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Carfax continues battle to access IDOT accident report records

November 18, 2010

Carfax has intensified its pursuit of the notoriously inaccurate accident records maintained by the Illinois Department of Transportation. A vote to pass Senate Bill 1839 to the House chamber could be imminent. 

With the help of lobbyists Jim Fletcher, deputy governor to then-Gov. James R. Thompson; and Mike Kasper, former lawyer for House Speaker Michael Madigan (D-Chicago), Carfax has enlisted 13 state senators as sponsors of SB1839. Illinois has 59 state senators.


Carfax and AutoCheck, two major companies that sell vehicle history reports, would benefit from the sale of more reports if Illinois accident histories are added to their reports—even though the transportation department’s information is wrong at least half the time. 

Carfax officials have declined numerous CATA entreaties to discuss the association’s concerns.


Dealers are urged to contact their state senators and representatives to derail the Carfax bill. Carfax refuses to warrant its reports or indemnify dealers for mistakes already in its databases, and the addition of erroneous Illinois Department of Transportation records would compound Carfax inaccuracies. Dealers and consumers must be protected from the inaccurate and incomplete IDOT records.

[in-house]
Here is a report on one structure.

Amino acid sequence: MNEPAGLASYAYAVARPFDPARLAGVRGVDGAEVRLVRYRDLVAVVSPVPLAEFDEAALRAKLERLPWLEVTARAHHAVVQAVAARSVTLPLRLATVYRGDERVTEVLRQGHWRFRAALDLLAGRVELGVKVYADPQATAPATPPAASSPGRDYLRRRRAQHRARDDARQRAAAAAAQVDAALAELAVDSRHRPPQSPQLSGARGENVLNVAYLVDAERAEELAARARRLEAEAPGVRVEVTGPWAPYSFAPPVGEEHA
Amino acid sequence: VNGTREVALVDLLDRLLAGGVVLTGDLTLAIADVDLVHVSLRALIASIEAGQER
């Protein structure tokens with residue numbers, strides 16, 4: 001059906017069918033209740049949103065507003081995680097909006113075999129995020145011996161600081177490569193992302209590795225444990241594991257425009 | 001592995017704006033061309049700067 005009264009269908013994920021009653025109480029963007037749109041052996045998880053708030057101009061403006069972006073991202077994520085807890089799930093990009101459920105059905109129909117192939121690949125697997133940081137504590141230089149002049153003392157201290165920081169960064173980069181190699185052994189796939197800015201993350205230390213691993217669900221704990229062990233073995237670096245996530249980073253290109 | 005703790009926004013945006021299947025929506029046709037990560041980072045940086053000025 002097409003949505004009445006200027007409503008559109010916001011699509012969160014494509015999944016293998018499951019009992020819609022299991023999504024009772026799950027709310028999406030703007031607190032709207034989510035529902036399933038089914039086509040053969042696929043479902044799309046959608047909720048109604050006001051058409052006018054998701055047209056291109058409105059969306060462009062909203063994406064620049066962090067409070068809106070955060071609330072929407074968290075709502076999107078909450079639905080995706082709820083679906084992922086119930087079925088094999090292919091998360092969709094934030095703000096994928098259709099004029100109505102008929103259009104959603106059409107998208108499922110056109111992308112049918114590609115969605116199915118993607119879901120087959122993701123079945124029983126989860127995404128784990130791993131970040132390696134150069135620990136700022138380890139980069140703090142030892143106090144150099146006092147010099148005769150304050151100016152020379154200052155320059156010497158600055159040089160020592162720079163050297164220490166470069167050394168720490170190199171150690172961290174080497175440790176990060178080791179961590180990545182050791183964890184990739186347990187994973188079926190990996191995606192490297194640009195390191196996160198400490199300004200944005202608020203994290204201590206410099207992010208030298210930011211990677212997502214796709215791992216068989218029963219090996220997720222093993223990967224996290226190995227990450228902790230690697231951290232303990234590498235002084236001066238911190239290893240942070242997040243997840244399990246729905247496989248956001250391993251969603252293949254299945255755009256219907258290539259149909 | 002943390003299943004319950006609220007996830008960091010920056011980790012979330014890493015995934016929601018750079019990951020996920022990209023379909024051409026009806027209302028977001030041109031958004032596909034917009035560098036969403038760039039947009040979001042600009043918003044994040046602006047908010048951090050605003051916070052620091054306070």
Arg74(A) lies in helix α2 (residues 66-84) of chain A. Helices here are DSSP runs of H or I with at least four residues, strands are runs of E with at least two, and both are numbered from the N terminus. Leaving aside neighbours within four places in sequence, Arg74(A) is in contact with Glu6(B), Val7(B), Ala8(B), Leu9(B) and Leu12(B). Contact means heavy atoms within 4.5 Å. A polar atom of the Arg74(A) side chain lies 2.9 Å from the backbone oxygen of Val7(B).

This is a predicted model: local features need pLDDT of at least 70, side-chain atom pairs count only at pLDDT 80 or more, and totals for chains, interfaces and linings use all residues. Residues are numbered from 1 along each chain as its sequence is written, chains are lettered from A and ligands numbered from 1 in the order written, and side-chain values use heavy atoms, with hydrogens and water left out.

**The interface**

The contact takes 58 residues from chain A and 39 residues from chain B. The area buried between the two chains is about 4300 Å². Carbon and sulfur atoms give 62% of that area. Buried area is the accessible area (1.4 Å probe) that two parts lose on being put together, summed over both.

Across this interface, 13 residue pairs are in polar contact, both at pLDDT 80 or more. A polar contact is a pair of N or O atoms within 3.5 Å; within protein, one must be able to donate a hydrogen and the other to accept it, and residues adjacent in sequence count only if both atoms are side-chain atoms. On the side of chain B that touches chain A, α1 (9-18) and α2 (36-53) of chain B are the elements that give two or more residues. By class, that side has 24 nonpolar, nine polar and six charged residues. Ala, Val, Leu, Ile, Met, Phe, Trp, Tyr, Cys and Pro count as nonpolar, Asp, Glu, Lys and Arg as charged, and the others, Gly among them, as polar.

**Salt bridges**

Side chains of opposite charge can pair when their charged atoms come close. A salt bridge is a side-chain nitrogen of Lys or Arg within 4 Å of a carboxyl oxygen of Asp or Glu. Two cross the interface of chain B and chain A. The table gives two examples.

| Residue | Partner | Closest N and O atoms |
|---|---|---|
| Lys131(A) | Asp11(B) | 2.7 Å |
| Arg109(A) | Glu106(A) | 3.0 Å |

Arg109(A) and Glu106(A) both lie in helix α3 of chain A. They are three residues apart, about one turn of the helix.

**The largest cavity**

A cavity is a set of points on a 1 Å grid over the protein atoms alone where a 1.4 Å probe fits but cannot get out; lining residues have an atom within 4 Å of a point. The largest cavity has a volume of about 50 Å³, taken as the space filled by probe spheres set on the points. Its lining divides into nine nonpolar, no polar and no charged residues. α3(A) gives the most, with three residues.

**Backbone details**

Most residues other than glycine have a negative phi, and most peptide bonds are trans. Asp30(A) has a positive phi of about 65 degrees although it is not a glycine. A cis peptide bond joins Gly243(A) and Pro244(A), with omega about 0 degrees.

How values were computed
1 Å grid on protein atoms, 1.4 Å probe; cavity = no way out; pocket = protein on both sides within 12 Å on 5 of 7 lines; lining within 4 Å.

IDOT reported that the fiscal impact on the department of passing the legislation "would be substantial, in that a system would need to be created to verify the correctness of (any) VIN submitted to IDOT," according to Illinois General Assembly notes about the bill.


A VIN entered wrongly on an accident report or transposed later by a typist would assign any damage to a different vehicle. But equally troubling about IDOT records is the fact that police who complete the accident reports are not experts in assessing damages. Accident reports merely indicate whether damages exceed a $500 threshold, but do not distinguish the type of damage or vandalism that could affect resale value. 

Illinois Sen. Kirk Dillard (R-Hinsdale), one of the bill’s sponsors, has dismissed the prospect of errors, saying that even if some mistakes are made on accident records, more consumers would be helped than hurt.


To be sure, Carfax would not be hurt; the company does not guarantee the accuracy of its reports, which it sells for about $20 each.